It’s not looking good for the Frankfurt Book Fair. While the Buchmesse has committed to going ahead this coming October with an online event, it is also attempting to bring the industry on board for an in-person event alongside, but it looks like that may be doomed to failure as the big name casualty list grows.
It hasn’t helped that CEO Juergen Boos has said the in-person event cannot be guaranteed, even for participants in Germany, and the decision by Holzbrinck, Penguin Random House, Bonnier DE and Bastei Lübbe not to be there in person has pretty much warned off the rest of the world.
First among the bigger players outside Germany to join the exodus were Simon & Schuster and Pan Macmillan, the UK arm of Macmillan, and since then HarperCollins and Macmillan US have also made clear they value their employees too much to put them at risk.
With Random House Germany reusing to attend it’s a given the PRH international arms won’t be there either. And today comes news that neither Hachette nor Bloomsbury will be there, and nor will the Guest of Honour, Canada.
Having already been played about by the London Book Fair –
and by Book Expo –
it should have been clear to the Frankfurt team that most global publishers have now written off 2020 for in-person events, and given the way publishing stakeholders were treated by both the London Book Fair and Book Expo, it really begs the question why Frankfurt thought the global publishing community was ready for this at all.
As the exhibitors casualty list grows, and as it becomes clear neither trade nor public visitors will going to Frankfurt this year, so concern grows for the handful of participants already fully committed.
Among them the Canadian book trade representatives that were to be this year’s Buchmesse Guest of Honour.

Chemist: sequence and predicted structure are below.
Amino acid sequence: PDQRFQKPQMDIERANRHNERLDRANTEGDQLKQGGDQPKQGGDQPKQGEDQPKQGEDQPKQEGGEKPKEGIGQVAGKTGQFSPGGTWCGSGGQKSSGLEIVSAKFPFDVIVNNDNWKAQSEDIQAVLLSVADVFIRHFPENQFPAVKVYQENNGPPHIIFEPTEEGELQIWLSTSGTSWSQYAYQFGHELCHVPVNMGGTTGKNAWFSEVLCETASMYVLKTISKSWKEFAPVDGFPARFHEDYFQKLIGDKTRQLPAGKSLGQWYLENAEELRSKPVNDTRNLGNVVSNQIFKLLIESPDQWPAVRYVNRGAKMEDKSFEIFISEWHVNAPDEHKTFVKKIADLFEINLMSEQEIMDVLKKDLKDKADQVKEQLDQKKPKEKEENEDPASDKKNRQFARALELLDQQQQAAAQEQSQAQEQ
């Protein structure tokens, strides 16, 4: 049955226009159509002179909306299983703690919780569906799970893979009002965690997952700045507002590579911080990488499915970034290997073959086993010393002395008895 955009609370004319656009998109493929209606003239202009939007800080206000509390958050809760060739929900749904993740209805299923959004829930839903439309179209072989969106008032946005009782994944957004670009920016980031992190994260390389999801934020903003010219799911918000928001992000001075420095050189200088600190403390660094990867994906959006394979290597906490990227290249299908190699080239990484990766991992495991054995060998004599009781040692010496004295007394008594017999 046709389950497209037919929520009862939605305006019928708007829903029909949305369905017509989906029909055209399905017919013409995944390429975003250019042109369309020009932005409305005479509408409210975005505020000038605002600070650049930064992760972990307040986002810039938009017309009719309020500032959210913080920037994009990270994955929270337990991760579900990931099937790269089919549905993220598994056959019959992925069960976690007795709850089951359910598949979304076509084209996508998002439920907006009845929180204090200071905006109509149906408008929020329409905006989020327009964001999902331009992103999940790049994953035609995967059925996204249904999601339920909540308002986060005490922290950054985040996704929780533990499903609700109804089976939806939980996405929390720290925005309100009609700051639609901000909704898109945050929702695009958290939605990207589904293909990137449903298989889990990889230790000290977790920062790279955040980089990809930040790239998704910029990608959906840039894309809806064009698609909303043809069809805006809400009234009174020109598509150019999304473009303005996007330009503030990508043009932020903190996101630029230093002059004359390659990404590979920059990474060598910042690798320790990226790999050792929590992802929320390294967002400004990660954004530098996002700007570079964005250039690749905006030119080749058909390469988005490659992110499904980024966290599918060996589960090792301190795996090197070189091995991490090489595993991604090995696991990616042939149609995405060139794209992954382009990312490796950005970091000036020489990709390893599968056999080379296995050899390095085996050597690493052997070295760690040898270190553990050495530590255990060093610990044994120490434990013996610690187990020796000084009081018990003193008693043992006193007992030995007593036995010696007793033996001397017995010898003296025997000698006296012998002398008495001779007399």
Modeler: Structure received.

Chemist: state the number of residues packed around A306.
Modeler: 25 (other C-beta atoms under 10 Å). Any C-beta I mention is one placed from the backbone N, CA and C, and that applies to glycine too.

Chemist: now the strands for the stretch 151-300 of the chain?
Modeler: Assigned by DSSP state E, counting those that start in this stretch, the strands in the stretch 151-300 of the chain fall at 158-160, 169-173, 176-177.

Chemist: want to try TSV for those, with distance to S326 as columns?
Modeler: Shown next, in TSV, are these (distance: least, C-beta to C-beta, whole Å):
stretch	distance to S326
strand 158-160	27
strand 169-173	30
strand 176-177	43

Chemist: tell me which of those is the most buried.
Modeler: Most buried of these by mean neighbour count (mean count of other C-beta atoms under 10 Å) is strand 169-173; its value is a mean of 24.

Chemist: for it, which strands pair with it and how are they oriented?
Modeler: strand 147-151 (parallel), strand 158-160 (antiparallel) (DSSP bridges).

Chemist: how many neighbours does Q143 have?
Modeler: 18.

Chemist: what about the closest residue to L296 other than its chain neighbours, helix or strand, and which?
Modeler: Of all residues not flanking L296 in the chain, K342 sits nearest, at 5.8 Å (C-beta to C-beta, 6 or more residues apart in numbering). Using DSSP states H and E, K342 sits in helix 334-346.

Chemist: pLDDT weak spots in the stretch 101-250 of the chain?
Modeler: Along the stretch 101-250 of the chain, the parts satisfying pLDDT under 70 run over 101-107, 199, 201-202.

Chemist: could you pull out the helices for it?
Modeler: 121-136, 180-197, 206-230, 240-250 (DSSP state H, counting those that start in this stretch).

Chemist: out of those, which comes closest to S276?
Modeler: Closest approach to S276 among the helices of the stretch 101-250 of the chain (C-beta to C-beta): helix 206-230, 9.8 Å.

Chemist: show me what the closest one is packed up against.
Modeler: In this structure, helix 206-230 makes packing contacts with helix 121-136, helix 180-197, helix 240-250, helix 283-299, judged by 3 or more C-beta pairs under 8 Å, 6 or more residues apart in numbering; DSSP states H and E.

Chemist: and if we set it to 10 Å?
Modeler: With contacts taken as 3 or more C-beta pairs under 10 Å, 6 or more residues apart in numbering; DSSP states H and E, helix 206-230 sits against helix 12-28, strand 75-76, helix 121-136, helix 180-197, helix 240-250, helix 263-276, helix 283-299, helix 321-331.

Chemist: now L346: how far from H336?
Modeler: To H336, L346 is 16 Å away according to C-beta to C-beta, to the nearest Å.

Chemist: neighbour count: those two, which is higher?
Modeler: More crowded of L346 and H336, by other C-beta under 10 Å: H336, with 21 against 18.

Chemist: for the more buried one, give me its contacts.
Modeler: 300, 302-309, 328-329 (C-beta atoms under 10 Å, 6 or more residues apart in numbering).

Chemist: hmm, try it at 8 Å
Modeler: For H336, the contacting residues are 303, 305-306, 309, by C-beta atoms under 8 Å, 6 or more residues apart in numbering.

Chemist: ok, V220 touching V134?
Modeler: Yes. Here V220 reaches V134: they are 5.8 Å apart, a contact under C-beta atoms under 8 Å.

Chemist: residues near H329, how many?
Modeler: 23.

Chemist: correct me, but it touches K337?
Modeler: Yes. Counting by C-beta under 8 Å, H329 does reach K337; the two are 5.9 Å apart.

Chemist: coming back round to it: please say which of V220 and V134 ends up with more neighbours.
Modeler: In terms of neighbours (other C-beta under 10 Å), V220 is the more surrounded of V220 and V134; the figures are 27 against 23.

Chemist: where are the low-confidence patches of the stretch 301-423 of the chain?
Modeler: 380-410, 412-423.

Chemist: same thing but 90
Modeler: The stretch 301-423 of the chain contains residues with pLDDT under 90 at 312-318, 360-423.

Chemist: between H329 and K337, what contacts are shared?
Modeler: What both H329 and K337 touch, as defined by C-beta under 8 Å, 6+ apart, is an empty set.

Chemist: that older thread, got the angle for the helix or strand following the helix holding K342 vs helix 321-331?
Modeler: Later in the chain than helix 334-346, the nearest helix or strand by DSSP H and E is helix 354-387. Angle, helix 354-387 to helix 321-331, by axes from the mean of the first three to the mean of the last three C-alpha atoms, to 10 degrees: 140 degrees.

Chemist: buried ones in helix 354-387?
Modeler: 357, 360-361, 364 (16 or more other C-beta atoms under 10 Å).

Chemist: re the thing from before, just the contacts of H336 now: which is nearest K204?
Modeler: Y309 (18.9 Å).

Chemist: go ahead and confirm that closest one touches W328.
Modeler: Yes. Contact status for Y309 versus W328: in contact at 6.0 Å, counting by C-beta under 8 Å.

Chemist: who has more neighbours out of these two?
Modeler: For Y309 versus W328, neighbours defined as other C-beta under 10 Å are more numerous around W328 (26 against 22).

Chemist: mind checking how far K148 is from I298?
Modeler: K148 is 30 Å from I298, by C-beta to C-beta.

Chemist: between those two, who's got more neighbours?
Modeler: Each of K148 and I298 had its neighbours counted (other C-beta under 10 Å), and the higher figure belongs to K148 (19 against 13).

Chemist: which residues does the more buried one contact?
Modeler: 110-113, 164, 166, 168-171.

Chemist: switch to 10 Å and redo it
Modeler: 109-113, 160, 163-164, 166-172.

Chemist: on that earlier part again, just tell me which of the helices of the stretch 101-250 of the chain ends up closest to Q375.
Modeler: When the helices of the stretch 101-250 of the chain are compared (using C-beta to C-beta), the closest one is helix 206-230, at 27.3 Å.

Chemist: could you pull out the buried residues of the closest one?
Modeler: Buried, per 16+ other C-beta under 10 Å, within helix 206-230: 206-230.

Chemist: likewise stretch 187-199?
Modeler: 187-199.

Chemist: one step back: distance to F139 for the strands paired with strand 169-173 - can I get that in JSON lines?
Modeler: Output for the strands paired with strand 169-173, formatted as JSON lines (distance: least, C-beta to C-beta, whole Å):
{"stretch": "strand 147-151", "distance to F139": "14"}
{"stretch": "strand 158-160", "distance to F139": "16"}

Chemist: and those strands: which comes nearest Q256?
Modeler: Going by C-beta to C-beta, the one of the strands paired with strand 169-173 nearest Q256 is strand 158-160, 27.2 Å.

Canada’s trade journal Quill and Quire, talking to Canadian Heritage, the organisation behind Canada’s bid for Frankfurt, revealed that ideally they would like to postpone Canada’s Guest of Honour status until 2021.
That is problematic because the scale and reputation of the Buchmesse is such that Guest of Honour places are mush sought after, very expensive to bid for, and are booked up many years in advance.
Spain, Slovenia and Italy are both lined up, but Quill and Quire say talks are underway between all parties to potentially set the schedule back by a year.
How well that will go remains to be seen. The 2021 guest will have its plans well-advanced, and the 2022 and 2023 choices will all have preparations well under way. Any rescheduling is likely to bring financial burdens to all, but especially the 2021 choice.
Per TNPS back in April, it was clear the old-style in-person only Frankfurt Book Fair was history, leaving the question just what form the 2020 incarnation might take.
As May ended, TNPS suggested Frankfurt might need to rethink its focus and make the online fair the centre-piece of the 2020 event, and as this exodus grows it is clear very few will be willing to even consider, let alone risk attending, Frankfurt in person this year.
For the Buchmesse now the challenge is to lay on the world’s best-ever online book fair while at the same time not damaging its future prospects as an in-person event by making the virtual incarnation so good the industry starts questioning if the New Normal means in-person events of the scale of Frankfurt are really needed at all in the third decade of the twenty-first century.
You can’t put the digital genie back in the bottle.